Sweden’s presence on the world’s musical landscape is one that is criminally undervalued. The unofficial ambassadors of Swedish music are undoubtedly Abba, yet there is a wealth of talent that the country has pumped into the industry, a contribution which is still prevalent today. The Hives, Mando Diao, The Soundtrack Of Our Lives, The Knife, The Cardigans, Robyn and Jose Gonzales all hail from this corner of the globe. Peter Bjorn and John also rub shoulders with this growing list of artists that have conquered the mainstream, mainly thanks to their breakthrough hit ‘Young Folks‘. There is also a very active heavy metal scene which draws appreciation and accolade worldwide, if that’s your sort of thing.
Peter Bjorn and John became a household name when ‘Young Folks‘ was released in 2006; the song that everyone seems to have beeen whistling along to ever since. Its blend of folk, pop and a hook so simple, yet so ridiculously catchy, resulted in the birth of an anthem. By then, they were on to their third album ‘Writers Block‘, and have since kept themselves busy, refusing to rest on the laurels of their new-found success. The albums that have followed, ‘Seaside Rock‘ and ‘Living Thing‘, have not had the same level of impact, yet they remain credible, and new record ‘Gimme Some‘ is another respectable addition to their catalogue.
‘Gimme Some‘ opens with the call-to-arms celebration of ‘Tomorrow Has To Wait‘, boasting a rousing singalong, crashing drums and a joyful optimism. Much like many of their tracks, it clocks in at just under three minutes. It is admirable to think that they could have milked this dry by making it sound even bigger and adding at least another two minutes onto its length, yet they’ve understated it to great effect, keeping it neat and tidy and leaving you wanting more. ‘Dig aLittle Deeper‘ sounds like their answer to Vampire Weekend, a breezy pop number with South American influenced drum patterns and snappy, sharp melodies. Rarely are there any particularly heavy moments on the album, though ‘Black Book‘ steps up the pace with its rapid drumming and angular guitar licks.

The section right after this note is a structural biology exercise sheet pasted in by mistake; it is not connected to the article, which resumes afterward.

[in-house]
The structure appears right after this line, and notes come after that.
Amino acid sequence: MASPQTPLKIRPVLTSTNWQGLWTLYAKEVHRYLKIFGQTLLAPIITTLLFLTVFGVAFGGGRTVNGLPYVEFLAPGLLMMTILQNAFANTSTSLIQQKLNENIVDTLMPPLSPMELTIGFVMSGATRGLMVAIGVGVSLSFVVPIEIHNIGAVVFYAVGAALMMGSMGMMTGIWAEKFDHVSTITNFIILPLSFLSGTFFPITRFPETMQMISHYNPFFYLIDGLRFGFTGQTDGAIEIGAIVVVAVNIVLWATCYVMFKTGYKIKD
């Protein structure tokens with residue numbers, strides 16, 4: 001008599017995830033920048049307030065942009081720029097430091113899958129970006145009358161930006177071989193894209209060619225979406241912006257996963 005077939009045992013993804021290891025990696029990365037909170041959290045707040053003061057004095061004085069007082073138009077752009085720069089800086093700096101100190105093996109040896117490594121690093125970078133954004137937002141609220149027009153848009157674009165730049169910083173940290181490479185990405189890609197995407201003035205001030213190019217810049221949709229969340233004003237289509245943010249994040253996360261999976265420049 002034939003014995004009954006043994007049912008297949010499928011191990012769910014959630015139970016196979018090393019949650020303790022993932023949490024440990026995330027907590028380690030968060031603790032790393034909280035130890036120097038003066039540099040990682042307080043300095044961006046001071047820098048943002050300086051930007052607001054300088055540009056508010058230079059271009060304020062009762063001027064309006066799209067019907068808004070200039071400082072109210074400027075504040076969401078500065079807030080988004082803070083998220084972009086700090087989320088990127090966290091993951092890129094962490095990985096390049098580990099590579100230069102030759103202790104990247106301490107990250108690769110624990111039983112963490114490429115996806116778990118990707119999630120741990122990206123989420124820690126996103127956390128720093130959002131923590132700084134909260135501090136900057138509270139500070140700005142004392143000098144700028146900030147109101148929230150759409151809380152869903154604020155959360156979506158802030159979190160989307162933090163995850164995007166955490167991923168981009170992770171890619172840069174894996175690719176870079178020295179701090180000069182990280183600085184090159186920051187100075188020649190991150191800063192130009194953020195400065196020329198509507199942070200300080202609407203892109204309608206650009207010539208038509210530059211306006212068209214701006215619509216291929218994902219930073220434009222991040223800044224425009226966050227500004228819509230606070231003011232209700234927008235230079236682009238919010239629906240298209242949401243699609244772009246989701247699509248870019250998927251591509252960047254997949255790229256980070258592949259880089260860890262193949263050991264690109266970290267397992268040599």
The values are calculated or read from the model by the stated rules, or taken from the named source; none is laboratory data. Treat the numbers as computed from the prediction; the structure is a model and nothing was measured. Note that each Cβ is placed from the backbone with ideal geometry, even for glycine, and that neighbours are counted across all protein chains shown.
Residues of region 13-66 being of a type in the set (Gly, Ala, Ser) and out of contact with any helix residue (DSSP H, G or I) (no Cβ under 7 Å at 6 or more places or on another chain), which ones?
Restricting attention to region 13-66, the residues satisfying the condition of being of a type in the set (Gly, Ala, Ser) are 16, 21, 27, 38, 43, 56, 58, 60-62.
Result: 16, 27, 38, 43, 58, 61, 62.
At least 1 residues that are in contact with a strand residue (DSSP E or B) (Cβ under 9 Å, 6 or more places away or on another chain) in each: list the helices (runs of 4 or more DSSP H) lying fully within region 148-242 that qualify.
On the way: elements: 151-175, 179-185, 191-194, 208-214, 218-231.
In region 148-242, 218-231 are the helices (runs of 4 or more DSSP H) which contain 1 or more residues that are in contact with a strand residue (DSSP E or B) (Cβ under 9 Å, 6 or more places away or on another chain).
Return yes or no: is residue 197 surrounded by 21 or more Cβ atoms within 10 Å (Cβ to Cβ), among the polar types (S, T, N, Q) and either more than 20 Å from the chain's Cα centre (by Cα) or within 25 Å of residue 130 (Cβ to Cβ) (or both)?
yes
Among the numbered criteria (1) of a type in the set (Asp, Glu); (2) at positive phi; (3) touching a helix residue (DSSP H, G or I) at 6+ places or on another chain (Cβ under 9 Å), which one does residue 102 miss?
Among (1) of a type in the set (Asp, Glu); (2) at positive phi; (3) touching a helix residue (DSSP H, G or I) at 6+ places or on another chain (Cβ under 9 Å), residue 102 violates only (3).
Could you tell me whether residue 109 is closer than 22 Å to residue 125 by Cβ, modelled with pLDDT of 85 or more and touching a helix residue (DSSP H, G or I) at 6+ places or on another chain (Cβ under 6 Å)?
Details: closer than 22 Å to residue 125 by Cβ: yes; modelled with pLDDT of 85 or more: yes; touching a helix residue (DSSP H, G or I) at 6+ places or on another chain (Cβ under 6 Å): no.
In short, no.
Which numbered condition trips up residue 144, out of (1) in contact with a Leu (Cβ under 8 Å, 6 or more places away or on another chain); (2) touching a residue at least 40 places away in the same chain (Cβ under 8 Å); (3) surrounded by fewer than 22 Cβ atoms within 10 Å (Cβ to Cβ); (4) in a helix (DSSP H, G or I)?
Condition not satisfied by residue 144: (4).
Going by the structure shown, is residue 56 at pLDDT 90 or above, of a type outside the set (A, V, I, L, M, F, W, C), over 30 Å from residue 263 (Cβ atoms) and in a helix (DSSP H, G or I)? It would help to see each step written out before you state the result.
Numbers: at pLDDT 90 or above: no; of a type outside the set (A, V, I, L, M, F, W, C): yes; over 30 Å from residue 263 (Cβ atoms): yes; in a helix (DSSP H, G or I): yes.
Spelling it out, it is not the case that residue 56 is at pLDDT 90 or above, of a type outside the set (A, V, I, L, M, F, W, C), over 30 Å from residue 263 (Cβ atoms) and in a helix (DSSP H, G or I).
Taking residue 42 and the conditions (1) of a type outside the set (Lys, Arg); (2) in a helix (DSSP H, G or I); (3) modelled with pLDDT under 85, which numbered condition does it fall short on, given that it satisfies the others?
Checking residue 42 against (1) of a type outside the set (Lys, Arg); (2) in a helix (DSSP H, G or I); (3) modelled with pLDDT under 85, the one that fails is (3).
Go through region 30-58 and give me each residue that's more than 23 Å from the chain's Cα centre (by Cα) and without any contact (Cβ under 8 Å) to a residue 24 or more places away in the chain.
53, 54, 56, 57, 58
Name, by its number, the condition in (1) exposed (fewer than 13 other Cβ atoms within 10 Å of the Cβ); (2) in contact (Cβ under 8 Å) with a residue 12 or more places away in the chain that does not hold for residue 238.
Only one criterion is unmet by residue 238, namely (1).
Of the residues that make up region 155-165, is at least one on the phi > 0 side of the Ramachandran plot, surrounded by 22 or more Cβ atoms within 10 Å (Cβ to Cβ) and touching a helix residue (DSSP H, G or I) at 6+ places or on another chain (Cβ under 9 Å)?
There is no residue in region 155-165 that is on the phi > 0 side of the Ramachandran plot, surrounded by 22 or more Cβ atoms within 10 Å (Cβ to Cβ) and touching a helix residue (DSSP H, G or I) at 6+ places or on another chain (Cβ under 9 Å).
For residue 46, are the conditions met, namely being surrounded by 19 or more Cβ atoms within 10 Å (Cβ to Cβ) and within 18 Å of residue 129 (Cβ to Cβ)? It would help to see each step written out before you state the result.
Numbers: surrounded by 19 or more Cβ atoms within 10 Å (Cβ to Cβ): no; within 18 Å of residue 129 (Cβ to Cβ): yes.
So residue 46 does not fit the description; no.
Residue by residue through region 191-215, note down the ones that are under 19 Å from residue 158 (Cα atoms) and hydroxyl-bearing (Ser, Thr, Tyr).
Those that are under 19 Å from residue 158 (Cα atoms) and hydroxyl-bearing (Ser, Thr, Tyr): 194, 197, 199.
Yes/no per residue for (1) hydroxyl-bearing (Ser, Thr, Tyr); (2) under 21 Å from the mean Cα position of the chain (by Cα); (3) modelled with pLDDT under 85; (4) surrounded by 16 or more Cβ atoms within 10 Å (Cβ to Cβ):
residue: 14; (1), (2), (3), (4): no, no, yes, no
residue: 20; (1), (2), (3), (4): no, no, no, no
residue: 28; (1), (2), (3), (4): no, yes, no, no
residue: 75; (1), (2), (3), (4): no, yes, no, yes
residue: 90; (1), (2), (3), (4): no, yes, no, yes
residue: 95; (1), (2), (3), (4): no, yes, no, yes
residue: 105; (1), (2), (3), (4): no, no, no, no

With lead single ‘Second Chance‘, they demonstrate their ability to pen a track that could rapidly fill a dancefloor with people like flies on shit. “You can’t count count on a second chance, but a second chance will never be found” sings vocalist Peter Moren, ironically to an upbeat tune that contrasts its negative lyrical subject content of mistakes and regret. There is a melancholy quality laid bare in Moren’s vocals, suitably fitted to the jaunty radio-friendly pop music that this album is awash with. He can be likened to Cold War Kid‘s Nathan Willett, sharing that same gentle delivery and boyish charm about his voice.
There are moments on the album where they loosen up and distance themselves from the upbeat mood usually embraced. ‘Down Like Me‘ is borderline moody and soldiers on with a repetitive bassline and some impressively emotive guitar work, much more Sonic Youth than 60’s new wave pop, sharing similarities with previous album ‘Living Thing‘, itself a much more downbeat and experimental affair.
‘(Don’t Let Them) Cool Off‘ is a contender for single of the year and saves ‘Gimme Some‘ from being just another Peter Bjorn and John album. It showcases a direction not present on the rest of the record, with a slightly darker feel more in common with ‘Down Like Me‘. What makes it stand out are its versus which showcase a sexier side to their sound, reminiscent of The Raveonettes. Its chorus, which will run laps around your head, adds the essential ingredient needed to form this near-perfect, sassy pop song.
‘Gimme Some‘ is an accessible pop record that keeps up Peter Bjorn and John’s trend of writing gleefully happy, sharp, catchy pop songs with breezy production. There is light and shade on the album, though far less of the latter, and this does give the record another layer, breaking it up nicely. They remain that cool indie folk pop band from Sweden, and ‘Gimme Some‘ will do no damage to this reputation – in essence its a Swedish delight. Peter Bjorn and John, thank you for the music, indeed.